IT service desk managers, leaders, and supervisors regularly spend time checking how well their service desk is performing, often using a basket of metrics such as average call handling time and customer satisfaction (and probably lots more).

But how accurate of a picture do these types of measures paint of your IT service desk’s and people’s performance? Especially in the eyes of the end user or customer? And particularly in terms of value.

Do such measures give service desks a false sense of security? And do they give enough granularity relative to the things that customers find most important about their engagements with your IT service desk? Ultimately, is your service desk offering capabilities and services that meet your customers’ wants, needs, and expectations? This blog is the start of a journey that questions the industry status quo and offers practical help to improve the value of your IT service desk.

How to understand, and improve, the value of your IT service desk

To help your IT service desk to deliver greater value, there are different aspects of IT service desk operations (and performance) that need to be considered and addressed:

  • Understanding the IT service desk status quo
  • The issues with traditional IT service desk metrics
  • Balancing and meeting different stakeholder expectations
  • The successful adoption of new (and existing) IT support capabilities
  • Getting the most out of service desk data

In this blog, I’ll talk to just the first three of these, and at a high level.

Understanding the IT service desk status quo

Many IT service desks, wherever they are in the world – are currently faced with a variety of challenges and constraints, which might be one or more of:

  • Meeting increasing customer satisfaction levels and expectations – potentially needing to understand and reduce an “expectations gap”
  • Budget cuts, often even mid-way throughout the financial year each and every year
  • Staff recruitment and retention issues across both existing and future skills needs
  • Keeping up with the changing business and technology landscapes – from meeting new requirements to managing and exploiting new technologies
  • IT service management (ITSM) tool issues – where the current enabling technology is considered to hinder more than it helps
  • Getting some basic ITSM capabilities right, in particular reporting and IT self-service
  • Finding the time for operational and service improvement
  • Struggling to quantify what “value” is in both business and end-user terms, and then to demonstrate it.

And importantly, the last, value-related, point is difficult to achieve while the other challenges continue to cause your IT service desk pain.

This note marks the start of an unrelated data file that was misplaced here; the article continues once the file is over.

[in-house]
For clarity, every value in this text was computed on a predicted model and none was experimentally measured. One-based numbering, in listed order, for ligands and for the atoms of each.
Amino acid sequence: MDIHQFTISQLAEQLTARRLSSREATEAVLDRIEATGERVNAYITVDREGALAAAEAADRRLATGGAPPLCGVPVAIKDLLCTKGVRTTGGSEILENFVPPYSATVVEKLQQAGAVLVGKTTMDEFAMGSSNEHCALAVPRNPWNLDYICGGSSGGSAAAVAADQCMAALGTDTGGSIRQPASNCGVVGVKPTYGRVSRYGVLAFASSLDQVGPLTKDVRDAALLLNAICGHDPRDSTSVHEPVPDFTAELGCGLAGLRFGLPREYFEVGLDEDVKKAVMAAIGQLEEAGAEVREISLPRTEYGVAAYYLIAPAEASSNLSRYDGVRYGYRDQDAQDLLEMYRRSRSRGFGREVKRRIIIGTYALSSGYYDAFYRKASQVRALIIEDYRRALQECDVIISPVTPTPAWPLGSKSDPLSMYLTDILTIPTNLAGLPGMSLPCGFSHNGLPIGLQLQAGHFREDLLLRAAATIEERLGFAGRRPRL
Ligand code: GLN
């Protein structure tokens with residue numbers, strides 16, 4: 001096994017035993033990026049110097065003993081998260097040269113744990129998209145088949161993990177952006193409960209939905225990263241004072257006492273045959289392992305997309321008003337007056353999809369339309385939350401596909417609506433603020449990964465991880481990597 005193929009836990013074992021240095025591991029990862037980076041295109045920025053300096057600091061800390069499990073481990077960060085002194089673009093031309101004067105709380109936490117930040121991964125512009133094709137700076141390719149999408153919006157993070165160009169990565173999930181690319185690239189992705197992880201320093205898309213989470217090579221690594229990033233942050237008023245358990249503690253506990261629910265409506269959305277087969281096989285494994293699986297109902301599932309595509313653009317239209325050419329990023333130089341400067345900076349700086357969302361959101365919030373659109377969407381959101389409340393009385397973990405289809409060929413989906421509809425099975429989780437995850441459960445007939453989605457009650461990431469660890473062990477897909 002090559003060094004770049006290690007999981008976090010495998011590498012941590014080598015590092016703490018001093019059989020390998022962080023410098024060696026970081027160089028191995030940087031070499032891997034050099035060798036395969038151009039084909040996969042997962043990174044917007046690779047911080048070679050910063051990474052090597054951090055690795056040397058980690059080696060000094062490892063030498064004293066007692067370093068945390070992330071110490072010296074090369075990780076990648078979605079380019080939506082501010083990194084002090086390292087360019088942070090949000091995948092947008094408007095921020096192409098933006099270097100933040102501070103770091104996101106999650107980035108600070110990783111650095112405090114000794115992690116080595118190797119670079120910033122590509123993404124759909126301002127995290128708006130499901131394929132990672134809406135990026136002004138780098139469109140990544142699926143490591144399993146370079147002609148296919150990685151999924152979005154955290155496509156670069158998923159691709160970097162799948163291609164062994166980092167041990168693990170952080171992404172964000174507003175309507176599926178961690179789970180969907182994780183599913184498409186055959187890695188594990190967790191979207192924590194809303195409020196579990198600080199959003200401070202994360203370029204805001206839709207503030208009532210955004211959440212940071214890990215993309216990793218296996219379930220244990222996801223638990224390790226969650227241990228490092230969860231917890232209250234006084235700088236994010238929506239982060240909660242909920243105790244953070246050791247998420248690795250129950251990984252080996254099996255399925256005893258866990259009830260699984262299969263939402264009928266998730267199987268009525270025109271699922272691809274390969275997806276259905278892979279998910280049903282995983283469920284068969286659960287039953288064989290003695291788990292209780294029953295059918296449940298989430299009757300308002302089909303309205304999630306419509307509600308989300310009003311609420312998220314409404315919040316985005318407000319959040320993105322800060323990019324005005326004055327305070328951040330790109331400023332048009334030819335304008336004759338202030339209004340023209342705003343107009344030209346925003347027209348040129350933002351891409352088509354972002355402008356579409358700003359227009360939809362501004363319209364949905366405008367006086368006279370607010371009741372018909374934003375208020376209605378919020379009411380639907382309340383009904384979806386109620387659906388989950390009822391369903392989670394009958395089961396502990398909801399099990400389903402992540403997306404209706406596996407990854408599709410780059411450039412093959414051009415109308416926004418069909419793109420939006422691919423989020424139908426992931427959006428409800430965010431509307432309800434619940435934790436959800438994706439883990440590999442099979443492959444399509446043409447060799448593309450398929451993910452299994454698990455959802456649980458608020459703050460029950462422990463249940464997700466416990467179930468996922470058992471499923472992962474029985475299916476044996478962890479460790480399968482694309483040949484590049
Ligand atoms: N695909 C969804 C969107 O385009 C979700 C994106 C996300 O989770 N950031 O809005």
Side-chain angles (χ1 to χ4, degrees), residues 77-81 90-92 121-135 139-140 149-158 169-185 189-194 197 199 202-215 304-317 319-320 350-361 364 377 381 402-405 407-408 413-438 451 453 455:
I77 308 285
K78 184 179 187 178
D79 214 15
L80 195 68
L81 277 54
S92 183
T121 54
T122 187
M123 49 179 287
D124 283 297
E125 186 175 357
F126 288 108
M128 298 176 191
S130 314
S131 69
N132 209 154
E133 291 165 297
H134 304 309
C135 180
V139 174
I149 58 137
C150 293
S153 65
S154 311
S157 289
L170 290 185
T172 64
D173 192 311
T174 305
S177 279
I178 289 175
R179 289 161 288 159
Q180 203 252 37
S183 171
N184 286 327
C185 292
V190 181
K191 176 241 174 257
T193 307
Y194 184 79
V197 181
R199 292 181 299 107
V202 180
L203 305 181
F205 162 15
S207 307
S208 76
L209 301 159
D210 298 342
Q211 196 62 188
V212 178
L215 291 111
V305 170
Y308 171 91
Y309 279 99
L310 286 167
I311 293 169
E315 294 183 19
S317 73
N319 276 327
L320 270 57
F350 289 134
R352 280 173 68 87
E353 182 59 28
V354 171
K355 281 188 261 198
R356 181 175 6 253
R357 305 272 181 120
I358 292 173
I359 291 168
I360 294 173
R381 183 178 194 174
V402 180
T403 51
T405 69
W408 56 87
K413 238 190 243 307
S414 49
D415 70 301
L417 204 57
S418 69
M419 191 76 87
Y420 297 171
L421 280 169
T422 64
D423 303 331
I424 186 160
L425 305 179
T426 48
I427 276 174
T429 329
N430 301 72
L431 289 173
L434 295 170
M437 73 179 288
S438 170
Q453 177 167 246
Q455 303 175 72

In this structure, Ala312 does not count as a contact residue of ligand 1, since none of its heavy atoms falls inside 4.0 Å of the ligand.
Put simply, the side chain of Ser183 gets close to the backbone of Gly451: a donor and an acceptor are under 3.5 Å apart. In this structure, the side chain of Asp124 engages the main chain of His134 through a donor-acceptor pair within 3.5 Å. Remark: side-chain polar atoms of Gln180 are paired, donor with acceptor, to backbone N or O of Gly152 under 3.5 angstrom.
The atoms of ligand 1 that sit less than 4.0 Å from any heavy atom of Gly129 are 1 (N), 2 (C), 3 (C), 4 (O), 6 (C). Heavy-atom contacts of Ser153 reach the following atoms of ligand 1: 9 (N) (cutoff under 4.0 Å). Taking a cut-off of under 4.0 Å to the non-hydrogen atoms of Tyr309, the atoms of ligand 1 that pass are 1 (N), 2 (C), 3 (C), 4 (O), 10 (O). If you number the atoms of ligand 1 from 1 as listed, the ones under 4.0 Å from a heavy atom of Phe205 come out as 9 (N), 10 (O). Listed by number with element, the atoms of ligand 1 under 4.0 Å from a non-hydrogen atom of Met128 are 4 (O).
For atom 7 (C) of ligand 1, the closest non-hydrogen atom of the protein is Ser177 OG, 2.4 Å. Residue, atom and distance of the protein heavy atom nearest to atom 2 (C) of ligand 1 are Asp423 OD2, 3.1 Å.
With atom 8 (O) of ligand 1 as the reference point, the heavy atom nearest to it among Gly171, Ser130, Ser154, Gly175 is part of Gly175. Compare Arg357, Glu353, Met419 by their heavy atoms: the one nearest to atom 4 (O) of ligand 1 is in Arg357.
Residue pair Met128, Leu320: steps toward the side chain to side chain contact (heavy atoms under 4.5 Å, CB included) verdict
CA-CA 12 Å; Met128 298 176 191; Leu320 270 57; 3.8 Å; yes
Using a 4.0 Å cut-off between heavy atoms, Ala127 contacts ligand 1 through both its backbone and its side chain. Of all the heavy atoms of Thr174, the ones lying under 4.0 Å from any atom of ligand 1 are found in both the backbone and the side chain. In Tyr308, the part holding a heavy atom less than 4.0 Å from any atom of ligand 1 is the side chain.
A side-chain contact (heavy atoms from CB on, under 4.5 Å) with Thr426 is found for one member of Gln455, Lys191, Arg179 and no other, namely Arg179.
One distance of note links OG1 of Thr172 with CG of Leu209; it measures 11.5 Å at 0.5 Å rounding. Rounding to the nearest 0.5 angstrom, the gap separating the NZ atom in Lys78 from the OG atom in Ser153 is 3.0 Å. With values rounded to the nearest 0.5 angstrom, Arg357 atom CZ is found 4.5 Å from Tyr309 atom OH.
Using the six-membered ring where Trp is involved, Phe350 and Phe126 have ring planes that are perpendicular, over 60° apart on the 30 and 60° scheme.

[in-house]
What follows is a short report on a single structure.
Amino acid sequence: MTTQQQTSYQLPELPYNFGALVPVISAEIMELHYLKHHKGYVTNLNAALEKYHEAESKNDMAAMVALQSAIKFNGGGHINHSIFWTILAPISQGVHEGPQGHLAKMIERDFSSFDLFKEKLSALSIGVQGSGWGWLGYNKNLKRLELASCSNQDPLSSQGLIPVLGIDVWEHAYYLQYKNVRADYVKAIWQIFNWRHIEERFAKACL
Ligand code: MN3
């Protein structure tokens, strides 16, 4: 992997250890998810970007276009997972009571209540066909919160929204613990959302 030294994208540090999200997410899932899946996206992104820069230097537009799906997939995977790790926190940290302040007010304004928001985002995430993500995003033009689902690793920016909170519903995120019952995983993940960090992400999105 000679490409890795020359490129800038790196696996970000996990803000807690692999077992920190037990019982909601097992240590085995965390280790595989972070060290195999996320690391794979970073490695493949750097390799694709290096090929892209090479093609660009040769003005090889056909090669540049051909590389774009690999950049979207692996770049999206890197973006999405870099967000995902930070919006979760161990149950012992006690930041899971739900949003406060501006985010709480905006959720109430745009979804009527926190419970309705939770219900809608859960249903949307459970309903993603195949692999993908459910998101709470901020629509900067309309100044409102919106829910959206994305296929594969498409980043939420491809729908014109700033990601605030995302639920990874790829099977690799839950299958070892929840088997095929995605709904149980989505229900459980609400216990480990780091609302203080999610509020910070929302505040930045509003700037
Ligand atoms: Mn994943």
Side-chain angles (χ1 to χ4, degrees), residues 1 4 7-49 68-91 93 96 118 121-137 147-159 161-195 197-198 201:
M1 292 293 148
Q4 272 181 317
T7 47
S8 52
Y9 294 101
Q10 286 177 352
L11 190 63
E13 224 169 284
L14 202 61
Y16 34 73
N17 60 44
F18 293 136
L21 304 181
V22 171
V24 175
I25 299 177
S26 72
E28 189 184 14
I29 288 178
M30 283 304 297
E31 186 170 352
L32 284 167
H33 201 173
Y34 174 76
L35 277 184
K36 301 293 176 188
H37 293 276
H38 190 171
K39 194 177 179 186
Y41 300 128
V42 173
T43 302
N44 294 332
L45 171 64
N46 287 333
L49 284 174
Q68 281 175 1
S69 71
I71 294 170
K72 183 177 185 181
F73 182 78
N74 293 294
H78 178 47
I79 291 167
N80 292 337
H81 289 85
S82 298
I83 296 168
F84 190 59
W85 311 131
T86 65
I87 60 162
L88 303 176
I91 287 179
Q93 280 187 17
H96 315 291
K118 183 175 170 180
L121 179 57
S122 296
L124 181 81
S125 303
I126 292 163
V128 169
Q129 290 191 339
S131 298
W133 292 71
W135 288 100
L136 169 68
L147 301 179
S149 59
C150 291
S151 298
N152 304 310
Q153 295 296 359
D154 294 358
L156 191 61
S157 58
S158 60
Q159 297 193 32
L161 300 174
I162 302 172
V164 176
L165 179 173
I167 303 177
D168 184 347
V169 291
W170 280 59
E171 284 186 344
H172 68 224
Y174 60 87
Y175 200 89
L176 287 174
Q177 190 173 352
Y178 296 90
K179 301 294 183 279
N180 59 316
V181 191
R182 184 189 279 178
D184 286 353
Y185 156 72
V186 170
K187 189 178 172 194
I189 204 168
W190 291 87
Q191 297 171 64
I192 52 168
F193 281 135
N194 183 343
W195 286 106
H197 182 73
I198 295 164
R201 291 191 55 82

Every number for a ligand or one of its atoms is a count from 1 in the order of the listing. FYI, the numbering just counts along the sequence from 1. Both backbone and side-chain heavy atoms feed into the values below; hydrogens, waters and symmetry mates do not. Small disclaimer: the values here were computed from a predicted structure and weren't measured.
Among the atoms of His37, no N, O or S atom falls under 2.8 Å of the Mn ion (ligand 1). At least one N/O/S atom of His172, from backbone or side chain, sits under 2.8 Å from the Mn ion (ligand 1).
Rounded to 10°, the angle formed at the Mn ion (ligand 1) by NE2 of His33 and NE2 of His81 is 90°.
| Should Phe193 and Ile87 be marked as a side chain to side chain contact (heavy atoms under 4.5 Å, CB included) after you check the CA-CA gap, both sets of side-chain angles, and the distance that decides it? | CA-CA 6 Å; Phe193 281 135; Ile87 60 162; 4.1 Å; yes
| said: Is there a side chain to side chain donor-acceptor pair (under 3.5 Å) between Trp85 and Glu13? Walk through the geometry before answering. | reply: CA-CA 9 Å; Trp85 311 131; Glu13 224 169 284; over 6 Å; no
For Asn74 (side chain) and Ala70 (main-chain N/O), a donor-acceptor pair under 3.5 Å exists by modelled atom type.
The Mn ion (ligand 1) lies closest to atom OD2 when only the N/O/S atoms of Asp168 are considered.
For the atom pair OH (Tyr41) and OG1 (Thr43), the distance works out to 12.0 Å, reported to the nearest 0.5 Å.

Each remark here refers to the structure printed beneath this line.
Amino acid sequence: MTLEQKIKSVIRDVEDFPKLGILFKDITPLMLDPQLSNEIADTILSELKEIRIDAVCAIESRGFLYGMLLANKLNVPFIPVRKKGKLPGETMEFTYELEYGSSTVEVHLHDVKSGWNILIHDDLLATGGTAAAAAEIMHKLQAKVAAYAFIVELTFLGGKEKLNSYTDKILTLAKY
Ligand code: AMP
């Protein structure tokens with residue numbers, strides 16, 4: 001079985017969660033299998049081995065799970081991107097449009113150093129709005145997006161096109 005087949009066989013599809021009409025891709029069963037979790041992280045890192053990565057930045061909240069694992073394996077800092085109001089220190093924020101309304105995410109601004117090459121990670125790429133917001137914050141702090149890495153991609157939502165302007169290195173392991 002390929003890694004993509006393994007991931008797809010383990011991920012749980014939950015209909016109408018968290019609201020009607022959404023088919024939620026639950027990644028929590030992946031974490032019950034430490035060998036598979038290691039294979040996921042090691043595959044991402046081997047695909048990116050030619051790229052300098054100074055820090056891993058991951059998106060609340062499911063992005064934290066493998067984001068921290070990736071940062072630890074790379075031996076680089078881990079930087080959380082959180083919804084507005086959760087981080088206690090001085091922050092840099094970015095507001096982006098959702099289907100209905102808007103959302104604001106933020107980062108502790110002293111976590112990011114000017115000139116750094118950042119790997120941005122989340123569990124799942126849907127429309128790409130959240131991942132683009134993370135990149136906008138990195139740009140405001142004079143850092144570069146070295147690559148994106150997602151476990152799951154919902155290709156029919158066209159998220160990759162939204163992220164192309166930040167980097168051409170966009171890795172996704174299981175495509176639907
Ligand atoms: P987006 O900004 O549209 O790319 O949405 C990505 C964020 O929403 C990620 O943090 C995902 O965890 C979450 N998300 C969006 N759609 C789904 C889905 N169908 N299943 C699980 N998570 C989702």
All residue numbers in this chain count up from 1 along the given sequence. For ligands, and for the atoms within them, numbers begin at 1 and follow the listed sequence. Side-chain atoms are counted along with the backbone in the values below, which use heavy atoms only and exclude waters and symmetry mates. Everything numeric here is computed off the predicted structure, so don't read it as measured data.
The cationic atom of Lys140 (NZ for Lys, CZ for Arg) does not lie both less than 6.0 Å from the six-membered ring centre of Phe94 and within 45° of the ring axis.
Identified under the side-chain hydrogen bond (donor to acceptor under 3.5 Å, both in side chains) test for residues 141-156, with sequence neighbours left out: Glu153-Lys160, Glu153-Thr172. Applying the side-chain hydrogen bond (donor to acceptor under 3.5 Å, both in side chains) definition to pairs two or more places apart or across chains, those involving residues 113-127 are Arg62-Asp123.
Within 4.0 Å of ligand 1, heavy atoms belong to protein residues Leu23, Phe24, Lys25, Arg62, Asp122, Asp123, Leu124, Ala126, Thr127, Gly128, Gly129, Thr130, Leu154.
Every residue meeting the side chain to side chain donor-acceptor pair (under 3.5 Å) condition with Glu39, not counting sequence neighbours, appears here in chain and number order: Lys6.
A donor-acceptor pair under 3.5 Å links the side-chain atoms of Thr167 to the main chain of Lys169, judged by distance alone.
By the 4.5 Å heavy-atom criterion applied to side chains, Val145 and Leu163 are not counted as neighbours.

What your IT service desk needs to do

Many of the solutions lie in the application of an oft-quoted Albert Einstein statement, that:

“We cannot solve our problems with the same thinking we used when we created them.”

Thus, returning to the remaining aspects of IT service desk operations listed above, there’s a need to understand what’s working, and what needs to be improved upon, across:

  • Traditional IT service desk metrics
  • Balancing and meeting different stakeholder expectations
  • The successful adoption of new (and existing) IT support capabilities
  • Getting the most out of service desk data.

For example, to the first point directly above, traditional metrics are commonly not specifically aligned to desired business outcomes. Instead they’re often focused on transactions and process efficiency and effectiveness – thus measuring how well people, teams, and processes operate rather than how well they deliver against business and customer needs and expectations. To then understand what’s achieved rather than merely what’s done.

Or, in terms of the second point, and taking employees as one of the many stakeholder groups, understanding the importance of the various factors that influence how they feel about their IT service desk experience and the value delivered. So, does your existing use of customer satisfaction questionnaires truly give your IT service desk insight into this? Enough to let you understand how well the IT service desk is really doing and to avoid watermelon SLAs?

There’s a lot more to be said on each of these – and I will in future blogs. You can also check out the recorded webinar (below) that further explores how to add value to your service desk.

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Stephen Mann

Principal Analyst & Content Director, ITSM TOOLS